That’s “off-road” not as in “four-wheelin’,” but as in “not on the road.” I didn’t have any biz trips scheduled in time to give the XS the real workout it needs — i.e., running around my room at the Comfort Inn, blasting JazzRadio.com’s Guitar Jazz feed from my Motorola Droid Pro via Bluetooth with CNN on mute while putting myself together for an 8 am business meeting — so I had to test it in my own bedroom and merely pretend I was waking up every day in a different town. I often compared it side-by-side, at matched levels, with the Soundmatters FoxL v2, which is quite a bit smaller in physical volume than the XS but still something of a standard-bearer among Bluetooth travel speakers.
To me, the real measure of a little system like this is whether or not it can fill your hotel room with satisfying, adequately clear sound, and there’s no question the XS can do that. I used it all around my home to play music while I was working or relaxing, and the XS was always up to the task. There’s just enough bass that you’re not constantly reminded you’re listening to a compact system, and the midrange is generally clear enough to let you get into the music and forget that you’re listening to it on something that could slip into a large coat pocket.
In fact, when I played Herbie Hancock’s The New Standard, a mid-1990s collection of pop covers by the famed jazz keyboardist, I noticed that the sound was actually loud enough to be more than background music, and good enough that I could listen fairly intently to what Hancock and his supporting players were doing. In particular, the simple recording of Nirvana’s “All Apologies,” with Hancock on piano and John Scofield on electric sitar, had depth and realism that was simply astonishing for such a small system.
And yeah, it does produce some sense of depth with many recordings, especially something like Holly Cole’s “Train Song,” which is packed with high-pitched percussion instruments.
Compared with the FoxL, the XS produces a substantially fuller sound, which comes as no surprise when you consider it has a sort-of woofer instead of the FoxL’s passive radiator, and perhaps a larger acoustical volume to work with. You do get some sense of groove from the XS, which the FoxL really can’t muster. However, the FoxL’s midrange and treble were usually clearer and more neutral-sounding; sometimes the XS’s mids and treble sounded confined in comparison. Surprisingly, the XS often produced more midrange distortion at moderate to high levels than the FoxL did.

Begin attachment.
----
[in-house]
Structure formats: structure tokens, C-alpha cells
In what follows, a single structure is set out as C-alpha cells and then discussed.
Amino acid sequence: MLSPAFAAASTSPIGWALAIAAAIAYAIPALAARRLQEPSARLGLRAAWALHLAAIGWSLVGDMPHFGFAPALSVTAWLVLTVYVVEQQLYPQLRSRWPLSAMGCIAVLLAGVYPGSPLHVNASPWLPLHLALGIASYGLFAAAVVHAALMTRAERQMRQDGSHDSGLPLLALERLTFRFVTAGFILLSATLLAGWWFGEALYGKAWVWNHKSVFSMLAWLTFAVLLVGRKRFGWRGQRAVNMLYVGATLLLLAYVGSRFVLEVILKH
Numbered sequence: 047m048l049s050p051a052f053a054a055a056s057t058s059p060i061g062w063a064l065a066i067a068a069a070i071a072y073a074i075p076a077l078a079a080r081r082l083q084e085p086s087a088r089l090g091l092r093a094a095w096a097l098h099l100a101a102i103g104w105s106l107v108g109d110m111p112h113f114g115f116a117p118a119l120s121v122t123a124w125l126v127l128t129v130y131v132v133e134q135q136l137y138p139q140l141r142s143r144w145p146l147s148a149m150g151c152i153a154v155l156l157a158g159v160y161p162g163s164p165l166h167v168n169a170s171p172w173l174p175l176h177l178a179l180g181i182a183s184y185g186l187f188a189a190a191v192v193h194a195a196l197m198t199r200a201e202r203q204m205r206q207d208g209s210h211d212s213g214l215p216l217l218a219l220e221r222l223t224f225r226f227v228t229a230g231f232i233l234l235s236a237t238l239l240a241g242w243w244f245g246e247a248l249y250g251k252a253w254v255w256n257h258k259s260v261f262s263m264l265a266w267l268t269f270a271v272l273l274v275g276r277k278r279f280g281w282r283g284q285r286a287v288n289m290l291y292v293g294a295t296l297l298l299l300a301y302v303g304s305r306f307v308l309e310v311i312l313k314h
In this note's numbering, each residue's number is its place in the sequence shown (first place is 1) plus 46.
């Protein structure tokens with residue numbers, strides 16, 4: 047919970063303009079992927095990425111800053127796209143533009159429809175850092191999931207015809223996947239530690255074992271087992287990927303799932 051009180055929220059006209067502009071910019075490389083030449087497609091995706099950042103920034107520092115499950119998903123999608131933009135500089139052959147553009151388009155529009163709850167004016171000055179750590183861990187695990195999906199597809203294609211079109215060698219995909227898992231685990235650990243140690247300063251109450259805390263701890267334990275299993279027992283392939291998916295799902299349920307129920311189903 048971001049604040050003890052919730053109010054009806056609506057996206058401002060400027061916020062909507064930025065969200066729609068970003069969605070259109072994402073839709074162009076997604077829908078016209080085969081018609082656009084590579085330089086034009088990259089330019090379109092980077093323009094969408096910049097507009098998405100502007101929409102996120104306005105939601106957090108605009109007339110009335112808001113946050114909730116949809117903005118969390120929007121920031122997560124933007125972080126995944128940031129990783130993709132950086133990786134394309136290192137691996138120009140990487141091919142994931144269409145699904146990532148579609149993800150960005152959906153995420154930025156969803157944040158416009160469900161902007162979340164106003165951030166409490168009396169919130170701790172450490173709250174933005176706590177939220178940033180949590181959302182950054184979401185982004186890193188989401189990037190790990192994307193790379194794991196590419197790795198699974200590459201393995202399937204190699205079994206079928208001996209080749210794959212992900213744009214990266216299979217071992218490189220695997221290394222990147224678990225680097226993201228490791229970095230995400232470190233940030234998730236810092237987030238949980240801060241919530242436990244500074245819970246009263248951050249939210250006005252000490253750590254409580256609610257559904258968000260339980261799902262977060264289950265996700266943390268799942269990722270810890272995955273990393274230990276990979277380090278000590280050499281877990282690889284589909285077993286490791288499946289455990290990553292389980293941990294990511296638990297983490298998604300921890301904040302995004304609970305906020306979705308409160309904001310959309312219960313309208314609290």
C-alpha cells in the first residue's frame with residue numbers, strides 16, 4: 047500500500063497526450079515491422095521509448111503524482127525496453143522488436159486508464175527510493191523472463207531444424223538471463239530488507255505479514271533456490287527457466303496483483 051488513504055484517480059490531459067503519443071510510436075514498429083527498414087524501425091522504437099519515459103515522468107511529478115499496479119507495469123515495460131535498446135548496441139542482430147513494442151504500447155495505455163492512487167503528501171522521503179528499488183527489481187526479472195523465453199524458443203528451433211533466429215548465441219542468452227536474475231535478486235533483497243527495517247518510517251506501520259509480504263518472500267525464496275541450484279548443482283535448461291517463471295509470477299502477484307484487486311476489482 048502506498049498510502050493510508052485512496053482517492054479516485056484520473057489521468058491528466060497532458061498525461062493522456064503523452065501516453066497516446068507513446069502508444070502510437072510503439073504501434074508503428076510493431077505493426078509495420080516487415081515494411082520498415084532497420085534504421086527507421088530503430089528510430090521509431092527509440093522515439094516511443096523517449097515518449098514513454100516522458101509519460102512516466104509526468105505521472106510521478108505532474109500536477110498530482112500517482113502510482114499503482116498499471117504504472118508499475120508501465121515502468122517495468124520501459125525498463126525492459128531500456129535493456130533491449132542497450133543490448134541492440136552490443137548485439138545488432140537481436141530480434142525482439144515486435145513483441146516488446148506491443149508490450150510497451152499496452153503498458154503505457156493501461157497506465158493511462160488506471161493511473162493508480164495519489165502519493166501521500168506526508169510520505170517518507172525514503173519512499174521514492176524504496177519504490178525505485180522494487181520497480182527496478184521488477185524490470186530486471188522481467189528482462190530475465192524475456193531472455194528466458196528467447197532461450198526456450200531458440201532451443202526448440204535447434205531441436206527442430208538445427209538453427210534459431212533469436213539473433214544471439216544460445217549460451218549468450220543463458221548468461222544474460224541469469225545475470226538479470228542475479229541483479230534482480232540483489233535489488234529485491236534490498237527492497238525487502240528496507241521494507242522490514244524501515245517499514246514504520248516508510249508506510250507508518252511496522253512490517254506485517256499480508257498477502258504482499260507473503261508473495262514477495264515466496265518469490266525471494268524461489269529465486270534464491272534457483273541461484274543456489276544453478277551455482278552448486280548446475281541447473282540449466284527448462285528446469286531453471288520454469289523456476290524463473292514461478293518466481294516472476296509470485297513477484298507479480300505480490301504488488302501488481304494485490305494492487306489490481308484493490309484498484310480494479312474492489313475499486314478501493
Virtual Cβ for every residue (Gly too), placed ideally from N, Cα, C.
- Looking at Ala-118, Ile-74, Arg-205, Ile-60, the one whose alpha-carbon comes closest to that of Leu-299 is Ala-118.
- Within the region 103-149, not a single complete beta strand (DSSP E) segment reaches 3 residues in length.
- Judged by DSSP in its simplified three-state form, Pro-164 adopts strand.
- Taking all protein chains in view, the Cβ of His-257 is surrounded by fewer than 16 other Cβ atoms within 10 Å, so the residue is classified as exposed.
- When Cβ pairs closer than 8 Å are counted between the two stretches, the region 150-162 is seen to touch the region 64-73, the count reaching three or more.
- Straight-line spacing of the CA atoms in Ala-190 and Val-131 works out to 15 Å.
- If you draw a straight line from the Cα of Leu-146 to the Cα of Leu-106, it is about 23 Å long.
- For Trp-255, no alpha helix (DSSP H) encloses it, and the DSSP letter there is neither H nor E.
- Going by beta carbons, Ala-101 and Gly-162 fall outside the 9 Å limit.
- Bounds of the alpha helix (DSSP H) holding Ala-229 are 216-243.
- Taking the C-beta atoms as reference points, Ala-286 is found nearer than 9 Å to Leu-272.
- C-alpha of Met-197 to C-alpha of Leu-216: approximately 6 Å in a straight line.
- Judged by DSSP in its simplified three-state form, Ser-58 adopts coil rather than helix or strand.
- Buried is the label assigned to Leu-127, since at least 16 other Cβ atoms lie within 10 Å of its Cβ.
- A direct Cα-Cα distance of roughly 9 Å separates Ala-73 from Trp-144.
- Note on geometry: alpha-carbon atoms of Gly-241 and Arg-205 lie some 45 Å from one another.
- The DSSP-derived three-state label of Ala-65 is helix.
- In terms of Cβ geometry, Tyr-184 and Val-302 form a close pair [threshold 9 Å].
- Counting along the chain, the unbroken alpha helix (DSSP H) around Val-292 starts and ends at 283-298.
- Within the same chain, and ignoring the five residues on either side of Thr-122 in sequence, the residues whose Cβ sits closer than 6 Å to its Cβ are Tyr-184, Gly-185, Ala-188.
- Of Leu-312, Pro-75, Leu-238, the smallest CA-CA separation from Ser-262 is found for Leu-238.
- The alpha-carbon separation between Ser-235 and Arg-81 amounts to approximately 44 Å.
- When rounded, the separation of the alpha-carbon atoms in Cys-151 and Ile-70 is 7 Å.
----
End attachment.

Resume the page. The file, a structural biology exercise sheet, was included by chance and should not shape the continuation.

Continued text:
As I analyze my listening notes, it seems the XS has an advantage with heavy rock and some jazz, while the FoxL sounds better with most pop music. That said, I’d be happy to pack either one for my next trip.
The one place where to me the XS flubs is FM reception. At my home on the west end of Los Angeles’s San Fernando Valley, reception is good with most FM stations, but I had trouble pulling in my favorites clearly with the XS. It was usually listenable, but static often intruded. The fault probably lies in the short telescoping antenna, which is only 11.75 inches long fully extended.
I measured the frequency response of the XS by placing it on a 2-meter-high stand, then placing a microphone 0.5 meters in front of the speaker and using my Clio FW analyzer in MLS mode through the XS’s line input. This gave me quasi-anechoic measurements down to 300 Hz. (Quasi-anechoic measurements remove the reflections from nearby objects to simulate measurement in an anechoic chamber.) To get the response below 300 Hz, I placed the mic against the grille of the XS and ran the Clio FW in log chirp mode. I then imported the data into my LinearX LMS analyzer for post-processing. The graph here shows a quasi-anechoic measurement at 0° on-axis (red trace) and an average of the measurements at 0°, ±10°, ±20°, ±30°.
You can see from the chart that these measurements are shockingly good considering that the XS is a super-compact and relatively affordable system. From 900 Hz to 10 kHz, the response on-axis is almost dead flat at ±1.6 dB; measured from 112 Hz to 20 kHz, response is ±10.2 dB. The averaged response shows a mild and graceful treble roll-off, with response ±3.2 dB from 900 Hz to 10 kHz, and ±11.2 dB from 112 Hz to 20 kHz. There’s a little cancellation dip at 800 Hz, probably due to interaction between the drivers and probably inaudible or barely audible. I got 112 Hz for the -3 dB bass response, which is good for such a small device.
To judge maximum output level, I used my highly subjective but reasonably repeatable MCMäxxx™ test. To wit: I played the Mötley Crüe tune “Kickstart My Heart,” turned up the level until I encountered audible distortion, then backed the volume off a hair and measured the average output at 1 meter. The result: 85 dB, which is +1 to +7 dB more output than the other compact Bluetooth speakers I’ve tested.
In my CES coverage, I wondered if some of the excellent sound quality of the larger Geneva Lab products would trickle down into the XS. It has. Combine the unit’s better-than-expected sound quality with its cool form factor, retro looks, friendly ergonomics, and the added entertainment option of FM, and you have one of my favorite Bluetooth speakers. In fact, I’d go so far as to say the XS could turn a miserable biz tip into a tolerable one, and a good biz trip into a great one.
Brent Butterworth and Geoff Morrison combine their years of gear testing and knowledge in one überblog of irreverence and techiness.
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